A “Parade of Pink”

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Every October at BCA, our inboxes are flooded with pictures of bizarre- and often insulting- products that are “promoting breast cancer awareness”.  For instance, last year we found a pink taser and a Smith & Wesson gun with a pink handle.  Somehow, the manufacturers didn’t see anything odd about promoting a weapon that kills almost 5,000 women a year to keep the public aware of a disease that kills women. Hmm.

To counter pinkwashing, BCA is spreading our own kind of awareness- to let people know that pink ribbon marketing isn’t always helpful or harmless. It can give people the false impression that we can solve the breast cancer epidemic by purchasing more pink stuff. But fundraising is not enough:

  • There is a lack of transparency about how much money will be donated to breast cancer organizations (vs. profit for the product manufacturers) and how that money will be spent.
  • Despite millions of dollars raised to support research, little is being done to investigate the environmental causes of breast cancer and how social inequities- especially as related to race, ethnicity and class- determine how people are affected.
  • Pinkwashing companies profit from breast cancer awareness campaigns, while maintaining harmful practices. For instance, cosmetics companies often use pink ribbons on their products, deflecting attention from the toxic and sometimes carcinogenic ingredients they use.

We constantly hear from members who feel exploited by companies who use the breast cancer epidemic to market products, especially when those products are distasteful or harmful.

This month, we’ll be featuring the worst offenders- some ridiculous and some downright disgusting.  We welcome your commentary on each item and at the end of the month, we’ll be asking our readers to vote on the most offensive entry in our “Parade of Pink”.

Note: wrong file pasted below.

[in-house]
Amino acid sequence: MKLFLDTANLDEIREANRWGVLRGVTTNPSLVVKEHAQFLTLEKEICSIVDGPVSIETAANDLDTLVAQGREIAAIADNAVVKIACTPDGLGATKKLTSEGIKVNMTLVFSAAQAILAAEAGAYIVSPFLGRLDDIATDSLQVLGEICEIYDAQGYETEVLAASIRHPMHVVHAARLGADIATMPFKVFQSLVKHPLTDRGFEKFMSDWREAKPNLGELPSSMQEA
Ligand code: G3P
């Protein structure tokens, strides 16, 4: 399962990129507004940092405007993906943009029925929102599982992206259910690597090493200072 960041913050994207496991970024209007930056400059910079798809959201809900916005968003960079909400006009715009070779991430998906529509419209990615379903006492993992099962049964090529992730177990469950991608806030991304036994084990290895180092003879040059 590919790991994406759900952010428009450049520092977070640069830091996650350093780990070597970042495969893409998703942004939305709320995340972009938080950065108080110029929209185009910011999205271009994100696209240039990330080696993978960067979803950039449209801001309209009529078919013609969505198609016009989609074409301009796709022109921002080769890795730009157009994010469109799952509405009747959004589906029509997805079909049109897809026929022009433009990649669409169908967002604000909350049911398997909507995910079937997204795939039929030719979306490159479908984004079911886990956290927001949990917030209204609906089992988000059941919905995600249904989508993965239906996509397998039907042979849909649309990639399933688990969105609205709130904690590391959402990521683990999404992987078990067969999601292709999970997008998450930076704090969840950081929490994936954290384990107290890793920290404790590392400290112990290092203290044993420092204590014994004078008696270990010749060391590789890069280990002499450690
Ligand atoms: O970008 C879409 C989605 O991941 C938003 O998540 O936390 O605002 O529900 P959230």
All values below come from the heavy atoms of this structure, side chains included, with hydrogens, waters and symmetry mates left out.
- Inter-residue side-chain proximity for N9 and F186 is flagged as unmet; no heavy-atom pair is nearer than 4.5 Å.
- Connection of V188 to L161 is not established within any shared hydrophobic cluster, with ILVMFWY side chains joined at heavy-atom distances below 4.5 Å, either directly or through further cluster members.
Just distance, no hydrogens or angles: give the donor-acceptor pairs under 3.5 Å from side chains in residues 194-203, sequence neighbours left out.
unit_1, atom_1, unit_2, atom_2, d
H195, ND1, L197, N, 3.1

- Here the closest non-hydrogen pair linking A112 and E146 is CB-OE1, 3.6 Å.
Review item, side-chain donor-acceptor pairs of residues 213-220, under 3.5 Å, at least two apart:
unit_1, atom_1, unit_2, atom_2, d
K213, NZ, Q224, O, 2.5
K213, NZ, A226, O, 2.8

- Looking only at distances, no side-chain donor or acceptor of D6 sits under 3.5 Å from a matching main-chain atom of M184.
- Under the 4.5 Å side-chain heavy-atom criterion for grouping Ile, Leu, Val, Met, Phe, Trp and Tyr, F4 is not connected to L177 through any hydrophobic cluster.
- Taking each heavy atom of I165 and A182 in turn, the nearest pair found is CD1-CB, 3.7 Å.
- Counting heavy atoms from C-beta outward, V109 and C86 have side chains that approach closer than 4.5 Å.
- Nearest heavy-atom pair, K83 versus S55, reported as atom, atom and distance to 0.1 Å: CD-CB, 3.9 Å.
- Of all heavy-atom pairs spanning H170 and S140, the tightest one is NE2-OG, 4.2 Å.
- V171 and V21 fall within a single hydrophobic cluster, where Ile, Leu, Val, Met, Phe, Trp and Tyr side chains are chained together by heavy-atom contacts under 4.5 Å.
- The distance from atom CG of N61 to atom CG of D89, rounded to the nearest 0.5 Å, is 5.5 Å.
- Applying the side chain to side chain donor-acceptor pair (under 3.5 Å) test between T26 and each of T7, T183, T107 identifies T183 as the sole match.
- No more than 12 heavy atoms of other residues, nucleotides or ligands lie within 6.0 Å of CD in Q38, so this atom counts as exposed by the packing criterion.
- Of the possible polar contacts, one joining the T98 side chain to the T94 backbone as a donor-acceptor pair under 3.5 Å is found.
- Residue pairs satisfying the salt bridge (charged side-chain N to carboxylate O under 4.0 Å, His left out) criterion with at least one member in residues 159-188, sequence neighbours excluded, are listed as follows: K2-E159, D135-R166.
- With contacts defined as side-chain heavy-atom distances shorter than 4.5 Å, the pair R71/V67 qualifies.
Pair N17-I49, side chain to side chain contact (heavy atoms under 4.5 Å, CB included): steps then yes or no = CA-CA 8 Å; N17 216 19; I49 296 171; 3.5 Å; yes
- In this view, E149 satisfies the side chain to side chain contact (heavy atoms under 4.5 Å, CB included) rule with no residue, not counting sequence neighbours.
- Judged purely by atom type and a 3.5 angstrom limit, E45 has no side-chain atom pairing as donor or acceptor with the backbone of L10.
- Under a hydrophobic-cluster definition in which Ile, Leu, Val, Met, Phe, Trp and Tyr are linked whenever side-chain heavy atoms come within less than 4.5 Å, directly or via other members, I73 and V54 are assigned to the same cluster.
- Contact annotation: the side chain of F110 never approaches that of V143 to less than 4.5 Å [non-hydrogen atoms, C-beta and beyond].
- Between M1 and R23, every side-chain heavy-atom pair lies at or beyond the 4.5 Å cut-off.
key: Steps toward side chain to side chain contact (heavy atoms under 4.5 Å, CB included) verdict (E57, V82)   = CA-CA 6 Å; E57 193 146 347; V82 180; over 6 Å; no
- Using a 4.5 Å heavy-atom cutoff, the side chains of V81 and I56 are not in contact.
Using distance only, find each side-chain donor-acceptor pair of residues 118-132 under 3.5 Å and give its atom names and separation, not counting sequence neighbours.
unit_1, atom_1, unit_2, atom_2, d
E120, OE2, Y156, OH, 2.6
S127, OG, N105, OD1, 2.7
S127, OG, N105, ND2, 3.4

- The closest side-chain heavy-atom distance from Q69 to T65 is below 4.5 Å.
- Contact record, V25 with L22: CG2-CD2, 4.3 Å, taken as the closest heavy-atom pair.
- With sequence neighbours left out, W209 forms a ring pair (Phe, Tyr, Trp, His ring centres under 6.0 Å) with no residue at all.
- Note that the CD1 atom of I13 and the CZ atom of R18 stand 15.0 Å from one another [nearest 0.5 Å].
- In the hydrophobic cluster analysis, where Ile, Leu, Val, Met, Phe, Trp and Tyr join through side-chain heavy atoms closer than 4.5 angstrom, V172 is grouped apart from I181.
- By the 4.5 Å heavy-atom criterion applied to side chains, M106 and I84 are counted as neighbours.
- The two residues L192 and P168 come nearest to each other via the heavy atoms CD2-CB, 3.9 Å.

First up: Clarisonic’s skin care brushes:

Ugh.

In this case, it’s not the item itself that’s the most galling- it’s the advertising.  The press release accompanying the product launch is titled Clarisonic Empowers Cancer Patients to Put Their Best Face Forward.  There’s nothing wrong with a person’s choice to use this device, but the implication that “putting ones best face forward” should be the utmost priority when dealing with breast cancer isn’t empowering at all.

5 Comments

  1. Posted October 5, 2010 at 2:10 pm | Permalink

    I see Clarisonic is partnering with the “Look Good…Feel Better” program. I might look good and feel better if I didn’t have breast cancer. Empowerment = Action. Shopping for pink products is not empowering nor does it result in meaningful action.

  2. Valerie
    Posted October 6, 2010 at 8:46 am | Permalink

    When I was going through chemo my face would turn gray periodically. I don’t know how this product would have me look beautiful. Beauty was not on my to do list then… Keeping myself healthy and not getting sick was top on the list. These companies should just donate without trying to sell their products without deception. Its just morally wrong!

  3. Posted October 6, 2010 at 1:39 pm | Permalink